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Name Variations Edit
- Chinese lantern
- golden gooseberry
- strawberry tomato
- ground cherry
- husk tomato
- golden berry
- golden husk
About Cape gooseberry Edit
Small, smooth round fruit wrapped in its own papery case that resembles a Chinese lantern. Physalis can be unwrapped and eaten as is or dipped in melted chocolate and served after dinner with coffee.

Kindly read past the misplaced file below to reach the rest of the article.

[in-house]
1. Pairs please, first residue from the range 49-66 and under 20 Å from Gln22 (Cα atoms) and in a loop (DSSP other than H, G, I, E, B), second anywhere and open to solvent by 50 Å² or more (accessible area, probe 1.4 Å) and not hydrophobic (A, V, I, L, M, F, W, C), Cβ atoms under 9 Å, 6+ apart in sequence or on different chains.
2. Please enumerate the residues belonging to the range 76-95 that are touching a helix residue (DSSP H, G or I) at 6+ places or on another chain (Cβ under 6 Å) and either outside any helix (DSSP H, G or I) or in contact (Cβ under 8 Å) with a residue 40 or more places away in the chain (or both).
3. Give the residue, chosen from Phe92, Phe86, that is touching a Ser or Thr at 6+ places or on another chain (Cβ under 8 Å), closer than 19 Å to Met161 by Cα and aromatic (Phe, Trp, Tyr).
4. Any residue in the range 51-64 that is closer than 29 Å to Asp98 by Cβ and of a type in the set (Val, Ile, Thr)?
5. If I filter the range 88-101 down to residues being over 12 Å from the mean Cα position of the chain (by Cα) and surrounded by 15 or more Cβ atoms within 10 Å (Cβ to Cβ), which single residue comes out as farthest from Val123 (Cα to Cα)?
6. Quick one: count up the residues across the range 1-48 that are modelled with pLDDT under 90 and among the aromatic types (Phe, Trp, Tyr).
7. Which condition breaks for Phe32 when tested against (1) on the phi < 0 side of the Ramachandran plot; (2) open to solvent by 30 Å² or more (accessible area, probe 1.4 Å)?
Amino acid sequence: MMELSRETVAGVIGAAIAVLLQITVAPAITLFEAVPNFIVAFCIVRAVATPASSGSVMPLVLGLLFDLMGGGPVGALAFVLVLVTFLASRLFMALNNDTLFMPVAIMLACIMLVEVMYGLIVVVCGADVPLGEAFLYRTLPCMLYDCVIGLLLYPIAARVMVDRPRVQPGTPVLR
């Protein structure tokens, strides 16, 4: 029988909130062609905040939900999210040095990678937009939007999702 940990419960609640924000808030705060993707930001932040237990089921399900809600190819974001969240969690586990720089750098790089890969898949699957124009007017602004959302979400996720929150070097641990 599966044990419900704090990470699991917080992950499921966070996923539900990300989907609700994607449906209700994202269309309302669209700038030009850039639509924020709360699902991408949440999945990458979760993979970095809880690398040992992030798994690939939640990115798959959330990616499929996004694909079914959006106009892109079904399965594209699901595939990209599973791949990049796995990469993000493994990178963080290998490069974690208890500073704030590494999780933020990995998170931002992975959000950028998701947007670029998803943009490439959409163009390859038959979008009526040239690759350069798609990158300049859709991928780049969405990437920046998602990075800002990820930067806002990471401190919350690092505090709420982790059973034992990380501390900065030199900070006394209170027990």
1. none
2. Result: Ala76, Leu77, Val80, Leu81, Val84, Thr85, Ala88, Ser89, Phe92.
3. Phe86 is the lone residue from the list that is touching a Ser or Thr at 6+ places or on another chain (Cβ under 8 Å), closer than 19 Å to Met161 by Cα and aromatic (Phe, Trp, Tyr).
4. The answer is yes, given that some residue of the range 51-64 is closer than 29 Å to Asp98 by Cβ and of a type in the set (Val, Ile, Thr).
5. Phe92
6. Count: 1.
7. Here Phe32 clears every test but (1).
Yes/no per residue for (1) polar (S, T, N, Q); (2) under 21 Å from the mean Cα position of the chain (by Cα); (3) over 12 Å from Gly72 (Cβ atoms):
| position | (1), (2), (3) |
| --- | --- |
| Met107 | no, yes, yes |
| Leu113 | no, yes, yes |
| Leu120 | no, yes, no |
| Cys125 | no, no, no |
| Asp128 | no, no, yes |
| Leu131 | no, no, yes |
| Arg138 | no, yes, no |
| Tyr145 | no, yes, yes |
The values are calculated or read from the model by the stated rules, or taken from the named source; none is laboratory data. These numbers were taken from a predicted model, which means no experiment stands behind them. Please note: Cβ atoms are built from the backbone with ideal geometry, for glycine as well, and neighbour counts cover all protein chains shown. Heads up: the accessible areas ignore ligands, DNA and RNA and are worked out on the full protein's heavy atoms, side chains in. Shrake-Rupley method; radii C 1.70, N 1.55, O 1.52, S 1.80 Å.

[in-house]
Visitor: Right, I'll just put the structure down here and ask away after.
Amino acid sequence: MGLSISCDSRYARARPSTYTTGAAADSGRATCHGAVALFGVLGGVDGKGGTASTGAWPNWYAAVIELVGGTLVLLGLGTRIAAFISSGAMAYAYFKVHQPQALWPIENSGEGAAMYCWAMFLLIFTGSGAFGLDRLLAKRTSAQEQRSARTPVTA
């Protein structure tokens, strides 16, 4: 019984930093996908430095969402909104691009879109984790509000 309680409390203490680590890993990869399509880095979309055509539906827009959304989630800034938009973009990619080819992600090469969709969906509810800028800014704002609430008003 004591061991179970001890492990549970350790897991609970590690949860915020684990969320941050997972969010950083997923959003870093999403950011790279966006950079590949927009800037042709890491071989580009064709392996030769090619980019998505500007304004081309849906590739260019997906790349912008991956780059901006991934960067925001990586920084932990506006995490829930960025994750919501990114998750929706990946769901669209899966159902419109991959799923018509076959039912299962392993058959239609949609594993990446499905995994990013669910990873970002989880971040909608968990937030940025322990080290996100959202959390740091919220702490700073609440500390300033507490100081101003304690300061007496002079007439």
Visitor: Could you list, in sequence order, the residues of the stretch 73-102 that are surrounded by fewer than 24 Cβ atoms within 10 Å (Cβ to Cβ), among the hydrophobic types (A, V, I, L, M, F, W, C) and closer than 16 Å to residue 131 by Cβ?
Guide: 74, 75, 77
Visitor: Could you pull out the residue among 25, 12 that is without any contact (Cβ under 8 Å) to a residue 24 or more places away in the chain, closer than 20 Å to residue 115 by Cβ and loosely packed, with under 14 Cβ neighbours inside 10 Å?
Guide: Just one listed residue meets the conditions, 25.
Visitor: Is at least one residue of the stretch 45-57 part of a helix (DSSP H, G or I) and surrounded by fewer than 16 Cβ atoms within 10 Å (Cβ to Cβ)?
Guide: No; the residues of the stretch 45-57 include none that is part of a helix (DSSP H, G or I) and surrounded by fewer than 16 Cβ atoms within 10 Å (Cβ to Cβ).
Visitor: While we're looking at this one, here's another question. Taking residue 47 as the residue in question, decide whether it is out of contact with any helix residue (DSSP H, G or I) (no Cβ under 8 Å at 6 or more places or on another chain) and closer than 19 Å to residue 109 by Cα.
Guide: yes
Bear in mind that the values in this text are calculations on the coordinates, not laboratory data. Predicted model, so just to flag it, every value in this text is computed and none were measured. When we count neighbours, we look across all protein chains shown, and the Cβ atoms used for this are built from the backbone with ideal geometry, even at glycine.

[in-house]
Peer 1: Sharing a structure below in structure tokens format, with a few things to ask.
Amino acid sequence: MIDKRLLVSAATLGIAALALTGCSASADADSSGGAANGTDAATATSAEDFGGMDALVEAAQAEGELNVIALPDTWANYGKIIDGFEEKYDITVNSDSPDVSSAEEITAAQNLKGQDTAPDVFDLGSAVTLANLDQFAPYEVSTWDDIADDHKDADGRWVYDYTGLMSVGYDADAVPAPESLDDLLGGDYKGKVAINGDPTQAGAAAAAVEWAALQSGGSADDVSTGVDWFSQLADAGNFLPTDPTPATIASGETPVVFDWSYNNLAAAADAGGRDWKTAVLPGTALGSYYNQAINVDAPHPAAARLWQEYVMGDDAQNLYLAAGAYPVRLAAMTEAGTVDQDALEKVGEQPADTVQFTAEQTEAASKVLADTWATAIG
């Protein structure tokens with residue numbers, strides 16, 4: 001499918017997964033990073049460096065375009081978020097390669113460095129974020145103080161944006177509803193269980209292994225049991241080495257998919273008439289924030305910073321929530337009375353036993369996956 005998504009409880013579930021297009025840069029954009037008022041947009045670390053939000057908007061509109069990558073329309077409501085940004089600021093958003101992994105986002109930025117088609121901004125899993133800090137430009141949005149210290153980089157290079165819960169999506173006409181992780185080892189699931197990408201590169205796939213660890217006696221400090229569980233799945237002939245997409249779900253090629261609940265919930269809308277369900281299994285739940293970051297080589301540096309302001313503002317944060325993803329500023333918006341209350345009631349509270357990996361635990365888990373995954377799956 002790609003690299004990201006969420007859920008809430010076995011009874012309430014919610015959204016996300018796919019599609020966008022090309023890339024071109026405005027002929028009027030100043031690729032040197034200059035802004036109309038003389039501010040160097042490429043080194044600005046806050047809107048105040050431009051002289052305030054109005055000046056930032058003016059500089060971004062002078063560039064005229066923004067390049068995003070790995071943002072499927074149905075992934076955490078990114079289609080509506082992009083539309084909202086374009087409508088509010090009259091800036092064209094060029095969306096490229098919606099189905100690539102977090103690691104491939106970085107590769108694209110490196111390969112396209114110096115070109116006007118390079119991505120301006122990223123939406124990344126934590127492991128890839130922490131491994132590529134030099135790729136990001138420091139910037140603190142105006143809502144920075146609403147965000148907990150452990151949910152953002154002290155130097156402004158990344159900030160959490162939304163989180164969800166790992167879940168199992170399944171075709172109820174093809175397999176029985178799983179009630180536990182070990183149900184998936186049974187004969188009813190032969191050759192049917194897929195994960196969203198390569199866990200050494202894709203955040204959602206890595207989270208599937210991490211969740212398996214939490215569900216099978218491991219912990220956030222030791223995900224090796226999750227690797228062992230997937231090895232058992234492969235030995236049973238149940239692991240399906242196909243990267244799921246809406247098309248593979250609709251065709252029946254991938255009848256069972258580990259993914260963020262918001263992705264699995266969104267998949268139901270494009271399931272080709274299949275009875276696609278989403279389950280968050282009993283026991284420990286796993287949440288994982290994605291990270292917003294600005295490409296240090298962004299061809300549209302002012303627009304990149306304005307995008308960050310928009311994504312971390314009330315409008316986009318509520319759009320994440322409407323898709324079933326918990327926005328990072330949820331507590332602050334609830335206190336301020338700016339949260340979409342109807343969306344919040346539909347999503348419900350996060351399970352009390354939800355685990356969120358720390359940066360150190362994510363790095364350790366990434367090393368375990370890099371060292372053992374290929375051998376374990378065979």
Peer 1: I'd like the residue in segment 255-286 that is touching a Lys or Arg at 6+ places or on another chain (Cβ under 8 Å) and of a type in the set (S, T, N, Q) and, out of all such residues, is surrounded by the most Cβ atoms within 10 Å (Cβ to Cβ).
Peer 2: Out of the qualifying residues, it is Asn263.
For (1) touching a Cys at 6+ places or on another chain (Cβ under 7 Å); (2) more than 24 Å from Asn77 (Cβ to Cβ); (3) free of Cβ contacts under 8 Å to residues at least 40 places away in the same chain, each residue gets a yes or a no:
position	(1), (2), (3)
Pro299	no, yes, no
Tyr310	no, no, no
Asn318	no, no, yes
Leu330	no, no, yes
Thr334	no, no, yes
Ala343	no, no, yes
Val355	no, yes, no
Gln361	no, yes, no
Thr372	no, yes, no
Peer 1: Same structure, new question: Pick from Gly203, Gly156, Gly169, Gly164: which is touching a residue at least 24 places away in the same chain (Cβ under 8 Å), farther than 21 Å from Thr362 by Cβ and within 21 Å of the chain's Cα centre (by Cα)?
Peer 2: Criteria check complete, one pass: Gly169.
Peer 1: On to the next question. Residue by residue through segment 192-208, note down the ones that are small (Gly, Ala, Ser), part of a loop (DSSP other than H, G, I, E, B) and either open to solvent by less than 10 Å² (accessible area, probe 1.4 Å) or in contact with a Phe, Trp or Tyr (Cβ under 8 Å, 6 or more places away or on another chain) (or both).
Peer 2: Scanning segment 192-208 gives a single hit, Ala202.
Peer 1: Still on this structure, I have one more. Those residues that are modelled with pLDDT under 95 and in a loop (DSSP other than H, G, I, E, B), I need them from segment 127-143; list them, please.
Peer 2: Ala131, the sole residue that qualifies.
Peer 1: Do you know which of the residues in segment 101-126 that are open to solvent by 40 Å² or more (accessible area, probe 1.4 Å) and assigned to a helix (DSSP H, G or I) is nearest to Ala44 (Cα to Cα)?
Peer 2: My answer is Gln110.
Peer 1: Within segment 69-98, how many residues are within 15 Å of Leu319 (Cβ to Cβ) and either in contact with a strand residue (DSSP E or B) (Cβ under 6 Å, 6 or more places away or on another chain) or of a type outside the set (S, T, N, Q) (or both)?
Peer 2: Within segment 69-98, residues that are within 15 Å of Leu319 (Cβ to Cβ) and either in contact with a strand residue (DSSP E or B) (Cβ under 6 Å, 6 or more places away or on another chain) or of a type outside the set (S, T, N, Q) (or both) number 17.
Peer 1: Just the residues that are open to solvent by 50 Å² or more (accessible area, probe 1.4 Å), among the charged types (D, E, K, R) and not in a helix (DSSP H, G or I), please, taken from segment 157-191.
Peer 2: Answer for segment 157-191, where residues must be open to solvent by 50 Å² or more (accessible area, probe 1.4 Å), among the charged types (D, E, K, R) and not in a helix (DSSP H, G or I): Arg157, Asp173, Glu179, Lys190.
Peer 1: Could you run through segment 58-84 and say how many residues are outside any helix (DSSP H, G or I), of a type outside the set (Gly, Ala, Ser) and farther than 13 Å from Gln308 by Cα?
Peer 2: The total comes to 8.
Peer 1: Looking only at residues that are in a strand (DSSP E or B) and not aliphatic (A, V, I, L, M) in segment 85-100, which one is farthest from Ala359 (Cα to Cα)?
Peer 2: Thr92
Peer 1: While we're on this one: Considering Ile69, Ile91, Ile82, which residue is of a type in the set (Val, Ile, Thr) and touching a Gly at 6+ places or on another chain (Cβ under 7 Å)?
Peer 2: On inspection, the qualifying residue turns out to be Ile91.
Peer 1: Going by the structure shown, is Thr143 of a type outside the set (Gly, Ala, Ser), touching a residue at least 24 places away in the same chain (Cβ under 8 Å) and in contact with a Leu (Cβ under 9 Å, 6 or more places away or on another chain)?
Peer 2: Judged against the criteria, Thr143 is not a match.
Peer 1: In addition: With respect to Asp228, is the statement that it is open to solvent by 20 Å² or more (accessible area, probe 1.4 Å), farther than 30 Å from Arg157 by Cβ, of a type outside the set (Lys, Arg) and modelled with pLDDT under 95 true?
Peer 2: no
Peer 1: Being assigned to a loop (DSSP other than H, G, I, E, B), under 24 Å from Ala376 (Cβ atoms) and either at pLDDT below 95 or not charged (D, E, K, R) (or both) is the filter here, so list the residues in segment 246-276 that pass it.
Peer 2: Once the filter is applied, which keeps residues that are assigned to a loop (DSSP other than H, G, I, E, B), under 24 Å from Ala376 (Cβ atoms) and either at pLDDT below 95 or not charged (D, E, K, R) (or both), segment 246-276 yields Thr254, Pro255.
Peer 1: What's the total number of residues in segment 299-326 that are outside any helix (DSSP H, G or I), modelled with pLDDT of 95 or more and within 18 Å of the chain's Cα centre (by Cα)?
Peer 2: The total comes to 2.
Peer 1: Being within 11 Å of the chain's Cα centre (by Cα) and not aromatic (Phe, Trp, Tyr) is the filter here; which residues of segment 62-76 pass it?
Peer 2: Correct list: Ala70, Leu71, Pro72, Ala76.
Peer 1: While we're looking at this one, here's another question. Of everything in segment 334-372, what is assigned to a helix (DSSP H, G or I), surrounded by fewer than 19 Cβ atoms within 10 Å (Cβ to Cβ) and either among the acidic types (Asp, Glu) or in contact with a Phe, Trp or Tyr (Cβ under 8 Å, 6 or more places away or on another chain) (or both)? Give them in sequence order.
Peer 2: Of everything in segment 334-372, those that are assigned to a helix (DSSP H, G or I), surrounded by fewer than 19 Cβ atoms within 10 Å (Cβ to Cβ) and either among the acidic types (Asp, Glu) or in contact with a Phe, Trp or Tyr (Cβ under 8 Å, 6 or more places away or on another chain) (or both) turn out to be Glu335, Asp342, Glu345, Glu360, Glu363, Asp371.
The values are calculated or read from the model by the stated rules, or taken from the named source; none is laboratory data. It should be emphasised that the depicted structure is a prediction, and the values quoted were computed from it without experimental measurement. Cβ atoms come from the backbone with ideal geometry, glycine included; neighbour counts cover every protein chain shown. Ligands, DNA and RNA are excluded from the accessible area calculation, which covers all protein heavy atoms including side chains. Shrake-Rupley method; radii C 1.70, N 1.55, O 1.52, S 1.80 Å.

Cape gooseberry, scientifically known as Physalis peruviana, is a part of physalis specie found generally in Africa. Cape gooseberry fruit is round, small, similar in size to a marble and its interior is full of tiny seeds. Every fruit is covered by two rigid leaves which protect the bright yellow fruit. Due to the fact that cape gooseberries are very sweet they are used for preparing juices, jams and pies. Native in Brazil, they were afterwards cultivated in Cape then its use was introduced in other numerous regions like Hawaii, Australia and South America. Cape gooseberry plant grows annually in temperate regions and constant in the tropics, where it reaches about two or three feet high dispersing branches covered with fine hair. The flowers are bell-shaped, with a yellow to dark brown color and they produce the fruit after thirteen internodes are created. The Cape gooseberry fruit has a smooth, waxy, juicy pulp and when it is ripe it drops on the ground. The unripe fruit is considered poisonous. The fruit can be eaten fresh but only when they are ripe, in fruit salads or fruit cocktails. Cape gooseberry contains iron, calcium and fiber.